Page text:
economically” (Oxford Dictionaries: Language matters, 2014). Likewise, according to Abercrombie, Hill &

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    Turner (2006), ‘Colonialism’ and ‘Imperialism’ are both an ‘interchangeable’ process whereby the

    “settlement of foreign territories, the separation of foreign and indigenous peoples by legal means”, and,

    importantly, “the growth of racialism” had become commonplace (p. 193). Colonialism is also characterized

    by the attainment of knowledge and power; a product of Europe’s Enlightenment and the era of scientific

    modernism which justified and enabled cultural dominance along racial lines. ‘Postcolonialism’ is generally

    accepted to be the study of the West’s (predominantly Europe’s) colonial legacy over the regions of the

    Middle East, Asia and Africa. According to postcolonialism’s preeminent theorist, Edward Said, these

    colonised regions effectively created an ‘Orient’ (‘place of colonies’) and the West’s recurring

    representation of the ‘Orient’ profoundly undermined local notions of identity, culture, knowledge and

    power (Amiri, 2015). This definition is especially pertinent when one observes cases of current

    fragmentation and conflict in neo-colonial spheres, particularly in the continent of Africa, where the absence

    of cultural identities – or national discourses - continues to compound economic, social and political

    pressures, often resulting in failing states and ongoing regional instability (Nwaubani, 2015). These

    definitions clearly focus on the importance of the impact of European colonialism on modern world history

    and it is revealing to explore the dynamics of the Dutch colonial experience and its postcolonial legacy in

    analytical terms to throw light on Indonesia’s colonisation of Papua.

    The end of colonialism? : Varying colonial experiences and the decline of Dutch influence

    The commencement of the Second World War, and the ensuing Japanese military offensive of 1942,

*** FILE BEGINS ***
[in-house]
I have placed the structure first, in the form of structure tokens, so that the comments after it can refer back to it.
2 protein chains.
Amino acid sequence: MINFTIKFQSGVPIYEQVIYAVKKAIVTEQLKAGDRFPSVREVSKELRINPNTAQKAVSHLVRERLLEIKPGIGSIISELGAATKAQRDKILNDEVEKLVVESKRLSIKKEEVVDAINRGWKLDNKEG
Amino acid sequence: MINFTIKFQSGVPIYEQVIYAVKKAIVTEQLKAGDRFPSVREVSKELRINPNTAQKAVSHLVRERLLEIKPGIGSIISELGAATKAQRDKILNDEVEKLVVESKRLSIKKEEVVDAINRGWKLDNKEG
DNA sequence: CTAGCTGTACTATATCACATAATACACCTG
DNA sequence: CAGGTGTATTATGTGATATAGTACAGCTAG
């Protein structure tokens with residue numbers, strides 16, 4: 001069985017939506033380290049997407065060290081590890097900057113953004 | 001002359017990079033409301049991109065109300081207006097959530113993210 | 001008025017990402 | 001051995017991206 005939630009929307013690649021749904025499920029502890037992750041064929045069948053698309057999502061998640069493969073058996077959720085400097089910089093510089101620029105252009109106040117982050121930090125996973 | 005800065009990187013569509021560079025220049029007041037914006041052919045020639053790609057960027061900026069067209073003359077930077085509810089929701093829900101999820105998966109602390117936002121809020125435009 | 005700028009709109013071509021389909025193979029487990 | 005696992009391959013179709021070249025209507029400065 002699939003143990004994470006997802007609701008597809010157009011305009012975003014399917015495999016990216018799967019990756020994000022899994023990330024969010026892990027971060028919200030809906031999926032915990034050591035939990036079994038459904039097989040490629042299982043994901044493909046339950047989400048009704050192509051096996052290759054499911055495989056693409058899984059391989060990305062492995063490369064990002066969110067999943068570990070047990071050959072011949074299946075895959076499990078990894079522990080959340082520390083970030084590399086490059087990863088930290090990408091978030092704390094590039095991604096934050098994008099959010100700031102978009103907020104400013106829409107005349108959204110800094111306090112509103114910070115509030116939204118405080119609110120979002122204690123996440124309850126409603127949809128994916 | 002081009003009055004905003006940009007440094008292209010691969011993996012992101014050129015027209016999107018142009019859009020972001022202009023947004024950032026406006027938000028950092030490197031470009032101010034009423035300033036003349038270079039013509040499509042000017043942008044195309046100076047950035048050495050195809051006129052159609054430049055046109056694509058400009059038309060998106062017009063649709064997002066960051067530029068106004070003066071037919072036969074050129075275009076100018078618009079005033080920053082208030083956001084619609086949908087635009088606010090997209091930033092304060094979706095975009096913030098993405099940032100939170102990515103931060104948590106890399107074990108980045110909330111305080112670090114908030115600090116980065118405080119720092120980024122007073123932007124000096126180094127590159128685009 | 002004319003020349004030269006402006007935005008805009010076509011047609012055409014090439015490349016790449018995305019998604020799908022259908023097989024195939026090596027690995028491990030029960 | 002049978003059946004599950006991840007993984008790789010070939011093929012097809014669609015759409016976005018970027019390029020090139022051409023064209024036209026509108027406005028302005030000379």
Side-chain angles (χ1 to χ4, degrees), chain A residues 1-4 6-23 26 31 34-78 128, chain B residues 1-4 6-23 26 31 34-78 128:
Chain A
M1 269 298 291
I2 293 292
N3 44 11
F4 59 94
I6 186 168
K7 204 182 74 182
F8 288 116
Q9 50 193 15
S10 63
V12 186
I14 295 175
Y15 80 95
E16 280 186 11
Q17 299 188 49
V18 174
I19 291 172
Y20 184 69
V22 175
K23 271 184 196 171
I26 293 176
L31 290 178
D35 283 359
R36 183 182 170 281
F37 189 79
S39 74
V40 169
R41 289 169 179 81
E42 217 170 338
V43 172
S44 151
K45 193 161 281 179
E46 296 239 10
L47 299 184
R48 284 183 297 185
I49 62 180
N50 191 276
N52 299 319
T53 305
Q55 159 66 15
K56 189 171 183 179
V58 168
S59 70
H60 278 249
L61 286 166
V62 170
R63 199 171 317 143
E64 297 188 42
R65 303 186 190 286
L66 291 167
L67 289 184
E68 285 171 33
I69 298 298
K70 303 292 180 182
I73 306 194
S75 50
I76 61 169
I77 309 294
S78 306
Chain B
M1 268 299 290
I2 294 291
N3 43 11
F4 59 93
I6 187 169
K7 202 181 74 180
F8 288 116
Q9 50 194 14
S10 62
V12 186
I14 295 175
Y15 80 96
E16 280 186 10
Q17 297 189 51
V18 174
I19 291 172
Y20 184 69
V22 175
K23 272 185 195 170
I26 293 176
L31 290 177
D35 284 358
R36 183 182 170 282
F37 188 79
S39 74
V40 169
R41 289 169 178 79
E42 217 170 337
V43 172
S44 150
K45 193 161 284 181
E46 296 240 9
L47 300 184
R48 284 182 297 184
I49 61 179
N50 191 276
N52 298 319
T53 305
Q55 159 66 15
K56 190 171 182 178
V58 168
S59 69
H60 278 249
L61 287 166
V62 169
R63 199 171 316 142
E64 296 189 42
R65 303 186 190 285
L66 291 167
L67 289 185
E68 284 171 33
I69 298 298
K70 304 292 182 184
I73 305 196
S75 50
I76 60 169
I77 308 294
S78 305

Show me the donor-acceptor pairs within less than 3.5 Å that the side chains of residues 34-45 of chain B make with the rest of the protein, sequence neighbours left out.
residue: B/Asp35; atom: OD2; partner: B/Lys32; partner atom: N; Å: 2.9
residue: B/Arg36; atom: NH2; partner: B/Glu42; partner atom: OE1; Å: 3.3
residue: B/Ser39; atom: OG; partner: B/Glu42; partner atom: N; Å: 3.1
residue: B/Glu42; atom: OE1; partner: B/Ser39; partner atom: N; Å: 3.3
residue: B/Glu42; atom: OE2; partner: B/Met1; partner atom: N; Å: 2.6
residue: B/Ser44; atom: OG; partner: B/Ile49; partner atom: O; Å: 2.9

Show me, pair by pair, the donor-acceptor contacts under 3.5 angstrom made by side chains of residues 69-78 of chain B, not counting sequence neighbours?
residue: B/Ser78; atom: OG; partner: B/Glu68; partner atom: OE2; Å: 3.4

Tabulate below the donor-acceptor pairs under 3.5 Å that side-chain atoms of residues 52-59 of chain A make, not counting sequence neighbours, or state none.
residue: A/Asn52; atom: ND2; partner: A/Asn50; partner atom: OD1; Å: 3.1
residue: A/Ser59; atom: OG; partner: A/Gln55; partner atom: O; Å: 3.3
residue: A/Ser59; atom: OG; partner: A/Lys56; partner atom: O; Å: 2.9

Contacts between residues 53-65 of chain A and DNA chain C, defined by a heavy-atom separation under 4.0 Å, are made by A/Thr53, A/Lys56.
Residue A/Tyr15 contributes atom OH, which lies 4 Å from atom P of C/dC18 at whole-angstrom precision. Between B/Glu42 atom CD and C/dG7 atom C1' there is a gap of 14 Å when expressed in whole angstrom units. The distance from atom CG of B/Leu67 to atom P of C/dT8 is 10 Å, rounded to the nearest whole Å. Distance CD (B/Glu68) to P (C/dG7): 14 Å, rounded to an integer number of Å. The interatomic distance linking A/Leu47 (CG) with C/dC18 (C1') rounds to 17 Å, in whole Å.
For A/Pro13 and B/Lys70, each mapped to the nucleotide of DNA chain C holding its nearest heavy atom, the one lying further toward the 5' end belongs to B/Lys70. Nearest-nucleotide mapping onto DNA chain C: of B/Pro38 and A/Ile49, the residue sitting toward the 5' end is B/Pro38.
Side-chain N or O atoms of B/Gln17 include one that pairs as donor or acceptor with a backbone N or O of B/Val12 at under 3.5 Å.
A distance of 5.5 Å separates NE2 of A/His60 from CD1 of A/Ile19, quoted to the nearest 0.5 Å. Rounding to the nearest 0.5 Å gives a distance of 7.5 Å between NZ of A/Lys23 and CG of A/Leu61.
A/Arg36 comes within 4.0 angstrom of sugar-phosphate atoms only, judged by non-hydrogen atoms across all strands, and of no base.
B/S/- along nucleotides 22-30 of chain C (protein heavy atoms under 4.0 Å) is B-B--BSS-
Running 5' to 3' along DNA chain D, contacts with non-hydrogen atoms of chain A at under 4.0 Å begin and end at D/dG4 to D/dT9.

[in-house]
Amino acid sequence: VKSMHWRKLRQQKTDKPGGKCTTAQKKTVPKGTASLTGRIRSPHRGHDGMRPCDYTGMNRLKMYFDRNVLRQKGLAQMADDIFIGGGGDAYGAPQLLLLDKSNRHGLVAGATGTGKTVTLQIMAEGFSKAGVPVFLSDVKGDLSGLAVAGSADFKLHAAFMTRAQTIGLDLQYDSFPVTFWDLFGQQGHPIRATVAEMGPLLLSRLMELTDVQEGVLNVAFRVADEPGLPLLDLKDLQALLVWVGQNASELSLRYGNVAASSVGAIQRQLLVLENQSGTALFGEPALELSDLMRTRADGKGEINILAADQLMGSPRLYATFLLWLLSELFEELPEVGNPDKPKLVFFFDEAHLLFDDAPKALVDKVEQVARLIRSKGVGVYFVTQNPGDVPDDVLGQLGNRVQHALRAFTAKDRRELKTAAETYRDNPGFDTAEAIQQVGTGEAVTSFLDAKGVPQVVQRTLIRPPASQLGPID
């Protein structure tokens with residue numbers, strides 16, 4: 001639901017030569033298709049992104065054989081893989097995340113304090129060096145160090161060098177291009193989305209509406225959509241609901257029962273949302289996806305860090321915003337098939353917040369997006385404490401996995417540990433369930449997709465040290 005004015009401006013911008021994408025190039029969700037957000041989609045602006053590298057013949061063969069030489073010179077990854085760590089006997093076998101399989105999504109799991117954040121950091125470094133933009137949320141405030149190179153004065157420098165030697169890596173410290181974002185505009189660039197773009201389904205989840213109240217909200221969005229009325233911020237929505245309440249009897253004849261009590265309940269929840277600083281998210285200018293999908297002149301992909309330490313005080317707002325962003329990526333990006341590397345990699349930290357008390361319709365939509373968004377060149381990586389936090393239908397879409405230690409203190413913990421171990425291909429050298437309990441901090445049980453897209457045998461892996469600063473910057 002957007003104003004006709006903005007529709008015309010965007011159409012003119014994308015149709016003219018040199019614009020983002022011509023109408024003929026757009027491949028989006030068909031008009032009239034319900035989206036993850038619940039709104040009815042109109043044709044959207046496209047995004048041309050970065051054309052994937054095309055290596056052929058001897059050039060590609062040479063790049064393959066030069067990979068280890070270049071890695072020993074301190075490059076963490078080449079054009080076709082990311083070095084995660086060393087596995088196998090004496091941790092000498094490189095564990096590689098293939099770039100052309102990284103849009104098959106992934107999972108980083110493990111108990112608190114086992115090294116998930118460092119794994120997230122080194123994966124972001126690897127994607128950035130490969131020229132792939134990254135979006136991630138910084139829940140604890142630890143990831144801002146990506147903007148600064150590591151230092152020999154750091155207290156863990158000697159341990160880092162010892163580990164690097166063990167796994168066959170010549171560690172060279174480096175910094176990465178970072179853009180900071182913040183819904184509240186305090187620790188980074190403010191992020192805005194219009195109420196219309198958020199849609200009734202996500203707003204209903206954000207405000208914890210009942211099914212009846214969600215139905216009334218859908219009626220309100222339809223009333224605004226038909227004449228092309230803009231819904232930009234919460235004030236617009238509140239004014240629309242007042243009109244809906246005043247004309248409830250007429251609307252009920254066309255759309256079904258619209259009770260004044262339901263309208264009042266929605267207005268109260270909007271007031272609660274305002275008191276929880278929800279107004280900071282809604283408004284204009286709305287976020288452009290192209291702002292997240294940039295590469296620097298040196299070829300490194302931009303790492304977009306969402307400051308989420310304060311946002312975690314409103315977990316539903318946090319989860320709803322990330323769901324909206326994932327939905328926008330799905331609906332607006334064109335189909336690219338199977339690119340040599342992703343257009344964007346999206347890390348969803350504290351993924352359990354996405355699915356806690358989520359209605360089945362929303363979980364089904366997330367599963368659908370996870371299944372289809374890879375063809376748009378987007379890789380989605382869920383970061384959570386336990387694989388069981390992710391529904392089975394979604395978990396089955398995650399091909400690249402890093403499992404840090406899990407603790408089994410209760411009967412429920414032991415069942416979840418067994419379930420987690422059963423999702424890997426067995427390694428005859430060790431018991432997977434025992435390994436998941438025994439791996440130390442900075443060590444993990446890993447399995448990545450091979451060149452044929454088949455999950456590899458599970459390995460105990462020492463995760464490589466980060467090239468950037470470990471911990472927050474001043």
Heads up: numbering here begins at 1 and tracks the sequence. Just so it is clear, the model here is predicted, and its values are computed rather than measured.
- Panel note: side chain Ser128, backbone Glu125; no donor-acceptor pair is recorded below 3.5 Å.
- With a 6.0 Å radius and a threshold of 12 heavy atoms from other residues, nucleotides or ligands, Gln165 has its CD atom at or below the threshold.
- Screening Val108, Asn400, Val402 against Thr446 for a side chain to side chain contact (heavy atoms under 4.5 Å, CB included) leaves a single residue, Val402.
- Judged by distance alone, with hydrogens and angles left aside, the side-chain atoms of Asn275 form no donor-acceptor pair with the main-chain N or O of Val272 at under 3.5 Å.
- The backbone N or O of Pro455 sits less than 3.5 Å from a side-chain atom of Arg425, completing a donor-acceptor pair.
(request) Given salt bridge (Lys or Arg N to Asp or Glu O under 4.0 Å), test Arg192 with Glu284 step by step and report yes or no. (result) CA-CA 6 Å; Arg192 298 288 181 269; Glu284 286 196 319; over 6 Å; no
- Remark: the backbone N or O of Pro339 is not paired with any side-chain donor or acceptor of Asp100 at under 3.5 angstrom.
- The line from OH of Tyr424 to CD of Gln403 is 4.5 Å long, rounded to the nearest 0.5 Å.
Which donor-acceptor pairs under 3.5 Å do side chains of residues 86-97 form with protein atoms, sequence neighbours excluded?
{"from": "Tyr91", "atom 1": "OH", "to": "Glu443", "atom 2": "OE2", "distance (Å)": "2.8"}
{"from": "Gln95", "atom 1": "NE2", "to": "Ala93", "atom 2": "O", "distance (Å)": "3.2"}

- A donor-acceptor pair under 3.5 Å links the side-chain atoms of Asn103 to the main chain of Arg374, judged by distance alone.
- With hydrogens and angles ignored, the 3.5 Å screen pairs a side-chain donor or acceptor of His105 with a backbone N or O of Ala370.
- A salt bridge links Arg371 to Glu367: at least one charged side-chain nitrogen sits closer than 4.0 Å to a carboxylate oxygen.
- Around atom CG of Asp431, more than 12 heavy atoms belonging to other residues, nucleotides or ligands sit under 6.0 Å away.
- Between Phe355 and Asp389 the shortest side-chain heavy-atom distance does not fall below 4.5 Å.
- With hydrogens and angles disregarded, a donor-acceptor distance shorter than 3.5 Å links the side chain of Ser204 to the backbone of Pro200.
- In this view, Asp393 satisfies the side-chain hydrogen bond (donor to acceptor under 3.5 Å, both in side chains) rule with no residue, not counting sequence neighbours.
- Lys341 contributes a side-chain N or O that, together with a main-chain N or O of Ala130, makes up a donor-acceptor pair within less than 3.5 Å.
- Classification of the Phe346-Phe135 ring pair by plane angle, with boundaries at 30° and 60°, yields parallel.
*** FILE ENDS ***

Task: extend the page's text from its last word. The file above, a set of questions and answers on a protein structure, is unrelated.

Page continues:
changed the dynamics in Asia forever. This wartime experience for Asia resulted in the dismantling of the

    longstanding myth of ‘white man’ dominance over the Orient, and importantly, it gave precedence and rise

    to the prospect of Asia for the Asians. For the Dutch, their colonial aspirations had been dealt a fatalistic

    blow as early as 1940 following Nazi Germany’s invasion of the Netherlands. However, the removal of

    Dutch colonialists at the hands of the Japanese from the East Indies (in Indonesia) was arguably more telling

    and symbolized the end of Dutch influence in the region (Van Der Heijden, 2005). After the Allies won the

    war, the Dutch along with the other European powers, vied to reassert themselves in the region and renew

    their colonial and imperial ambitions but they did so entering a hostile and fundamentally transformed

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    world. The era of decolonisation had begun. This influential period in world history resulted momentously

    in the gradual yet complete expulsion of all European domination over Asia.

    Indonesian Nationalism: Sukarno, ‘national identity’ and Cold War rivalries

    I now examine the crucible of Indonesia’s nationalism, the process of independence and the successive

    influence of strong leadership on Indonesia’s colonial ambitions. This article asserts that nationalism

    continues to be a key attribute of the Indonesian political awareness and the differentiating of humanity into

    distinctive cultural communities, something utterly and irreconcilably at odds with any hope of Papuan

    secession (Hutchinson, 1994, p. 1). According to Aspinall & Berger (2001), the birth of Indonesian

    nationalism can be situated in a “national personality” taking “political forms and procedures [that] has been

    distilled from the traditional cultural practices”, centred on the islands of Sumatra, and particularly, Java

    (p.1004). Moreover, Indonesian nationalism and identity takes on the focus and force of the cult -of-

    personality of the past, incumbent or apparent leader (President), with the ruling elite (the Generals) being

    less obvious but perhaps equally influential in terms of the exercise of political power. This was first

    apparent with Sukarno’s magnetism, charisma, then with Suharto’s strength of militarism and expansionism,

    beyond the subsequent throng of Reformasi (reform) Presidents - all belonging to varying degrees - the same

    Sukarno/Suharto establishment - to the current presidency of Joko Widodo (Jokowi). The power and

    presence of the leader is especially prevalent in Indonesia’s nationalistic perception. Such was the power and

    magnetism of Su